Tar spot of corn, a disease caused by the fungus Phyllachora maydis, was confirmed in several fields in Doniphan County, Kansas on June 26, 2023 (Figure 1). Now is the time to intensify scouting efforts. If you wait until there is significant disease in the upper canopy then a fungicide application may be too late.
Figure 1. Example of tar spot of corn (A) and a close-up on the tar spot lesions (B). Photo courtesy of Rodrigo Onofre, K-State Research and Extension
The early disease onset that we’re observing this year raises concern for yield loss. Although it is important to keep in mind that we are still learning about this disease in Kansas. However, we can look to neighboring states who have battled tar spot for multiple years now. Generally, early observations of tar spot have corresponded with high yield loss. Fields scouted this week were between V-8 to V14 growth stage, which adds a higher risk for disease spread and development. In some of the fields, we were able to find low levels of tar spot on the second leaf below the ear leaf (Figure 2A and 2B) and at higher levels in the lower leaves (Figure 2C and 2D). There is a good chance that the disease will spread to the ear leaf and neighboring fields, as multiple cycles of the disease can occur during the growing season. The recent rains likely helped to promote tar spot development. Additionally, irrigated corn may be at particularly high risk for yield or silage loss.
Figure 2. Tar spot lesions on the mid-canopy (A and B) and lower leaves (C and D). Photos courtesy of Rodrigo Onofre, K-State Research and Extension
Frequently Asked Questions about Tar Spot
What am I scouting for?
Tar spot develops as small, black, raised spots (circular or oval) that develop on infected plants, and may appear on one or both sides of the leaves, leaf sheaths, and husks. Spots may be found on both healthy (green) and dying (brown) tissue. Tar spot can be easily confused with insect poop, which can appear as black spots on the surface of the leaf. If you would like assistance in confirming tar spot you can contact your local county extension office or the K-State plant diagnostic clinic (https://www.plantpath.k-state.edu/extension/plant-disease-diagnostic-lab/).
Is there a history of disease in this field or neighboring fields?
Tar spot overwinters on infested corn residue on the soil surface, which serves as a source of inoculum for the subsequent growing season. Spores can be dispersed by wind and rain splash and can move to nearby fields if conditions are favorable.
What growth stage is the field?
Research has shown that making an application just after first detection and at or after VT is effective if lesions are detected early. If you wait until there is significant disease in the upper canopy then a fungicide application may be too late. Here you can find a guide for growth stages in corn: https://bookstore.ksre.ksu.edu/pubs/MF3305.pdf
How does moisture influence disease development?
The recent rains likely helped to promote tar spot development. Additionally, irrigated corn may be at particularly high risk for yield or silage loss. Forecasted rainfall and high humidity will favor tar spot development and spread.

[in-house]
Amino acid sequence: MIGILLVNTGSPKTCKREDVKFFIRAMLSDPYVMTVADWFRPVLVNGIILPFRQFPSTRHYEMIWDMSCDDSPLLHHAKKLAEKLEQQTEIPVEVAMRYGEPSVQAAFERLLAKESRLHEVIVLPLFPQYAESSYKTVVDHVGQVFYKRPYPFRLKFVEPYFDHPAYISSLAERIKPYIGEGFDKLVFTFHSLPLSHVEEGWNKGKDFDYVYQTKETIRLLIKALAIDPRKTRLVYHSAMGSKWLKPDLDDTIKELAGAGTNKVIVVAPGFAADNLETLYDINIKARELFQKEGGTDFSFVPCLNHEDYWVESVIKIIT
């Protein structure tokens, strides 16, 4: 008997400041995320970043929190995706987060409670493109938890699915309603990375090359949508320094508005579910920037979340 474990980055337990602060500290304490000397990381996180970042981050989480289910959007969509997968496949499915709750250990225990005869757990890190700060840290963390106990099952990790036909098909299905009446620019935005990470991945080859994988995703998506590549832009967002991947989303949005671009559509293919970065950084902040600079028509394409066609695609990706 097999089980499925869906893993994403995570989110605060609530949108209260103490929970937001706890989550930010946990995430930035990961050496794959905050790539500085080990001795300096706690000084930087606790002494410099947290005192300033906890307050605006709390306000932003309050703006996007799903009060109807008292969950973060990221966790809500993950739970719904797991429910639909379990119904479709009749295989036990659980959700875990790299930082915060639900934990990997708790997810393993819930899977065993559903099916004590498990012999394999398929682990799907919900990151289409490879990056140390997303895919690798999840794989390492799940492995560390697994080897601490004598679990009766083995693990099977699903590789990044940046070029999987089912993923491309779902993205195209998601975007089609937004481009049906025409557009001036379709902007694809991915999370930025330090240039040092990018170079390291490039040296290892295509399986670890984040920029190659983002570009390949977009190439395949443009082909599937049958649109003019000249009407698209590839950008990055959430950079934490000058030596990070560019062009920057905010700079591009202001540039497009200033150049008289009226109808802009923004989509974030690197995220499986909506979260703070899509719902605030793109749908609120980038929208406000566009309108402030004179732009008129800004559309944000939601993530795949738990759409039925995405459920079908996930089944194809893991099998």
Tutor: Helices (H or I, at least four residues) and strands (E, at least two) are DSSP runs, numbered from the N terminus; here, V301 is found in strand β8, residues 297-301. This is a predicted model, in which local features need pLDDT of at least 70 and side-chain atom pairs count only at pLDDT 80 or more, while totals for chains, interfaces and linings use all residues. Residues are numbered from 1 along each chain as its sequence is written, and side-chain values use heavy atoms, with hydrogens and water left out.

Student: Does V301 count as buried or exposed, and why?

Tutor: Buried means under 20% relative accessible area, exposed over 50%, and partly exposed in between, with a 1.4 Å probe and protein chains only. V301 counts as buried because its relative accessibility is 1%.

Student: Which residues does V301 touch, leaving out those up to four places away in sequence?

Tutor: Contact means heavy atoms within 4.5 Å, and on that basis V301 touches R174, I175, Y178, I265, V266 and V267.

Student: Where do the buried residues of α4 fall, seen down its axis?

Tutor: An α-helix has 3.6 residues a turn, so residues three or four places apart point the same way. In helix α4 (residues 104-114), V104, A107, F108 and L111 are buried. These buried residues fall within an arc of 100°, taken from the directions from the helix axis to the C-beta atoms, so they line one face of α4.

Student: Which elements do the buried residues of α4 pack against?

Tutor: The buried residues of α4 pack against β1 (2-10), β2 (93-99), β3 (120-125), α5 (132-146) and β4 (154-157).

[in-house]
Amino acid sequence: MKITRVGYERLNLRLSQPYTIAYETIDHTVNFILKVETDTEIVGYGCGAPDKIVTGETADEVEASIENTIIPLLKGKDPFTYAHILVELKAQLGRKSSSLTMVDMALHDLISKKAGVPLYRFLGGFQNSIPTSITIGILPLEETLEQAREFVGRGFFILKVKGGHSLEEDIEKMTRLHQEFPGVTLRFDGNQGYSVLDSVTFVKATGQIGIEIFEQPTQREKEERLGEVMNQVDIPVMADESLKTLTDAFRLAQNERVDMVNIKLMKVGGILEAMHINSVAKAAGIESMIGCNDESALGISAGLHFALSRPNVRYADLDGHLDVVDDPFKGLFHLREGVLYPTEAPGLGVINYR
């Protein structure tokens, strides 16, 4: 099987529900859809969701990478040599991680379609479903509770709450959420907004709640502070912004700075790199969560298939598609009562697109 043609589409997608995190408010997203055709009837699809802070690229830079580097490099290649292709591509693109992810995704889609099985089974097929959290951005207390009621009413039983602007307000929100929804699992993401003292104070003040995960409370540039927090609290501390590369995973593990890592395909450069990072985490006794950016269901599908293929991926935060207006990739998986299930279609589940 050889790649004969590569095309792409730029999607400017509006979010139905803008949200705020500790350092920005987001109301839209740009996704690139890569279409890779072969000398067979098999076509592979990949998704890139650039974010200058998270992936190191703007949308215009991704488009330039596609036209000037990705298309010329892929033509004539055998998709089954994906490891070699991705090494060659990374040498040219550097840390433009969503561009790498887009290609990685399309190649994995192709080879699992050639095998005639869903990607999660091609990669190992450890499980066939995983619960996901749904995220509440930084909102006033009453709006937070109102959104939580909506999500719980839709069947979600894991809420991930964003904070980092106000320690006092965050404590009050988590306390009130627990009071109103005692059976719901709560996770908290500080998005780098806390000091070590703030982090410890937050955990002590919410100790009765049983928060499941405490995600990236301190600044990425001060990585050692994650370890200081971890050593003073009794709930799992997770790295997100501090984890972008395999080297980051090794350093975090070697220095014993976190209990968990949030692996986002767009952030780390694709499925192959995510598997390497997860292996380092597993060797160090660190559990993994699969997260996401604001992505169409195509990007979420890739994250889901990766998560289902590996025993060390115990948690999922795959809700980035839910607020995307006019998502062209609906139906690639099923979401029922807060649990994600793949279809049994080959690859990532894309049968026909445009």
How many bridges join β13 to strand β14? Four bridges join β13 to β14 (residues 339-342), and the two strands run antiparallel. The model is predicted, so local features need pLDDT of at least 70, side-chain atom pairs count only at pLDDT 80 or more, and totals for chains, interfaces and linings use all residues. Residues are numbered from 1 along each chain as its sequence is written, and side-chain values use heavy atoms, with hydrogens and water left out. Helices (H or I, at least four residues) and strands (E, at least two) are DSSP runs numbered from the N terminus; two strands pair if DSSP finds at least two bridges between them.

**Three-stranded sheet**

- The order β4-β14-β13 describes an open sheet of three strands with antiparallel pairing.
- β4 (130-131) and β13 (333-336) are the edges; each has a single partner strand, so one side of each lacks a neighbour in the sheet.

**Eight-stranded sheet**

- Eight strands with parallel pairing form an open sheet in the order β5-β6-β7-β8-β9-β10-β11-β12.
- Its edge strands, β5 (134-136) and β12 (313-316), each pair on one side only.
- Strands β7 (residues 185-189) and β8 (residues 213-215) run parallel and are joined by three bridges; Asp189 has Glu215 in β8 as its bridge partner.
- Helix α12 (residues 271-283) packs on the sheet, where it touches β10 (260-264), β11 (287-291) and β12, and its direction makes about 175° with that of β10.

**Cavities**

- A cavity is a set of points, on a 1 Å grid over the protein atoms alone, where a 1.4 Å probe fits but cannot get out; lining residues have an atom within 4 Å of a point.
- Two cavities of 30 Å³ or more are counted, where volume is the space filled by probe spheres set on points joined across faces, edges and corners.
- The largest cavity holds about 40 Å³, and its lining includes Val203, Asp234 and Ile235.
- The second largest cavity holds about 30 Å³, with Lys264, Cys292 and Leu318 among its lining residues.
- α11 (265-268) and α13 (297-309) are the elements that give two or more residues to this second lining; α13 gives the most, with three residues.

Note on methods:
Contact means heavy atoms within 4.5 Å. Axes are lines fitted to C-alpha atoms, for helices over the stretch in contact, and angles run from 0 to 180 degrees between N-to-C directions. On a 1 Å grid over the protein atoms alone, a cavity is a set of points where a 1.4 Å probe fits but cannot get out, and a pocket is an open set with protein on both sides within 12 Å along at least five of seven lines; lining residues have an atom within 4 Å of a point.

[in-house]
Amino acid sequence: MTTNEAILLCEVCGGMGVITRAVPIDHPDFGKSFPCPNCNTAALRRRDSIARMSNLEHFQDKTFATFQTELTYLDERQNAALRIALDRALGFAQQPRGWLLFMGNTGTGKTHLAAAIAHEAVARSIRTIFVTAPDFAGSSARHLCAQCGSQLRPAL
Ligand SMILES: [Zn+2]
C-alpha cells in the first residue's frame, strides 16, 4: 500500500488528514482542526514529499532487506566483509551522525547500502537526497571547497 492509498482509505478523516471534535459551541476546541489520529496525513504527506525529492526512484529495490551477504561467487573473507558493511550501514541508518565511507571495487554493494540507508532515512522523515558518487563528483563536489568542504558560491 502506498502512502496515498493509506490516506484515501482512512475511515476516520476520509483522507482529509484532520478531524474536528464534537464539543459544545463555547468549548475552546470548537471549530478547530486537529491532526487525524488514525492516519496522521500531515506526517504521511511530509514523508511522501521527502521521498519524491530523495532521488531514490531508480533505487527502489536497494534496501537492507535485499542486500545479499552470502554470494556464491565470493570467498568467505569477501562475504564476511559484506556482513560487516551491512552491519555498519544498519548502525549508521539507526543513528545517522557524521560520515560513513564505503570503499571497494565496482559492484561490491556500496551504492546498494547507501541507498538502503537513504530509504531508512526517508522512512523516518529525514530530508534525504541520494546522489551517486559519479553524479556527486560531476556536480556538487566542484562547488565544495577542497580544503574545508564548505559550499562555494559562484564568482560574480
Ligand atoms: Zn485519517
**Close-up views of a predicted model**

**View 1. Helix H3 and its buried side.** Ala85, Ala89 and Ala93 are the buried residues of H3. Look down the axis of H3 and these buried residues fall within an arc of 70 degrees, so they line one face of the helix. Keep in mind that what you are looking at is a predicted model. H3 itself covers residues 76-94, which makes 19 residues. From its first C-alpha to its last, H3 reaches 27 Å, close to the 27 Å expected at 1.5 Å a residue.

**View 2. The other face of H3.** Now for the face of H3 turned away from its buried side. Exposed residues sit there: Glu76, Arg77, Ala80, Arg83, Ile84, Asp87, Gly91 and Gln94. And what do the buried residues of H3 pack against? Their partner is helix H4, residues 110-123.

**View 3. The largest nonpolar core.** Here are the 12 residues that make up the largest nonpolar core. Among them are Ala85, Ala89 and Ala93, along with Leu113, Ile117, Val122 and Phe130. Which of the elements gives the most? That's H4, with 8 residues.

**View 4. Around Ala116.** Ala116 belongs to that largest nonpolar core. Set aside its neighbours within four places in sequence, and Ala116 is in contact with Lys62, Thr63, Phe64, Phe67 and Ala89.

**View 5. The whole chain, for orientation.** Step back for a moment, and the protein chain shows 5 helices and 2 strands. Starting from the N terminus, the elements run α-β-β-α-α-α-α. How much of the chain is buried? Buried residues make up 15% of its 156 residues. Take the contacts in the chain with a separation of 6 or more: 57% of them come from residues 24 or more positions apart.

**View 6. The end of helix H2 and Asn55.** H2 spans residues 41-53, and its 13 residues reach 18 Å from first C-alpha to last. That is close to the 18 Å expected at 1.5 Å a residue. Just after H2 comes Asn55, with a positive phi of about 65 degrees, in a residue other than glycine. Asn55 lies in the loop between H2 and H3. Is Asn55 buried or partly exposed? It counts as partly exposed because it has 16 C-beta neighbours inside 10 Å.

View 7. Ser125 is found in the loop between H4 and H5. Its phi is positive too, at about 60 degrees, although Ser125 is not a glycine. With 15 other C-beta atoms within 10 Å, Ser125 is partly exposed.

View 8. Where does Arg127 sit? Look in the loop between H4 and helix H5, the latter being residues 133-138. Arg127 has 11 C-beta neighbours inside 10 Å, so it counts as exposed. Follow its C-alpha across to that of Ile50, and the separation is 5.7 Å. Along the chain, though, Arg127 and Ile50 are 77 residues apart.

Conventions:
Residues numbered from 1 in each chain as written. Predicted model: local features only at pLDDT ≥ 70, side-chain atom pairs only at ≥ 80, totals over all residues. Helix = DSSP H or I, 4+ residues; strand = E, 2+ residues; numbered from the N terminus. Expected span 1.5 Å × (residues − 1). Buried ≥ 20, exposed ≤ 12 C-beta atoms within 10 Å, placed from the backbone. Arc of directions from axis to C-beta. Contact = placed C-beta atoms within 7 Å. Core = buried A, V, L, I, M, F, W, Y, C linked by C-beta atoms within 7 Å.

Should I apply a fungicide?
Fungicides are an effective tool for controlling tar spot if they are timed well. Research has shown the best return on investment from a fungicide application on corn occurs when fungal diseases are active in the corn canopy. A well-timed, informed fungicide application will be important to reduce disease severity when it is needed, and we recommend holding off until the disease is active in your field and corn is at least nearing VT/R1 (tassel/silk) or even R2 (blister). Scouting will be especially important if wet weather continues. There are several fungicides that are highly effective at controlling tar spot when applied from tassel (VT) to R2 (blister). I would recommend picking a product with multiple modes of action. The National Corn Disease Working Group has put together efficacy ratings for fungicides labeled for the control of tar spot can be found at the Crop Protection Network website at https://cropprotectionnetwork.org/publications/fungicide-efficacy-for-control-of-corn-diseases.
If there is high disease pressure early in the season, a second application may be warranted. Fields should be scouted 14-21 days after the first application to see if tar spot has become active again. Fungicides will not provide benefits after R5. Always consult fungicide labels for any use restrictions prior to application.
Where has tar spot been reported in the 2023 season?
Tar spot has been detected in 8 counties in Illinois, 2 counties in Missouri, and 1 county (Doniphan) in Kansas (Figure 3).
Figure 3. Tar Spot of Corn (Phyllachora maydis) in Kansas and surrounding states in 2023. Source: https://corn.ipmpipe.org/tarspot/
Please help us track tar spot! You can contact Rodrigo Onofre directly at 785-477-0171 if you suspect a field has tar spot and/or submit a sample to the K-State Plant Disease Diagnostic Lab at https://www.plantpath.k-state.edu/extension/diagnostic-lab/documents/2021_PP_DiseaseLabChecksheet.pdf.pdf. This will help us monitor the situation in the state.
Rodrigo Onofre, Row Crop Plant Pathologist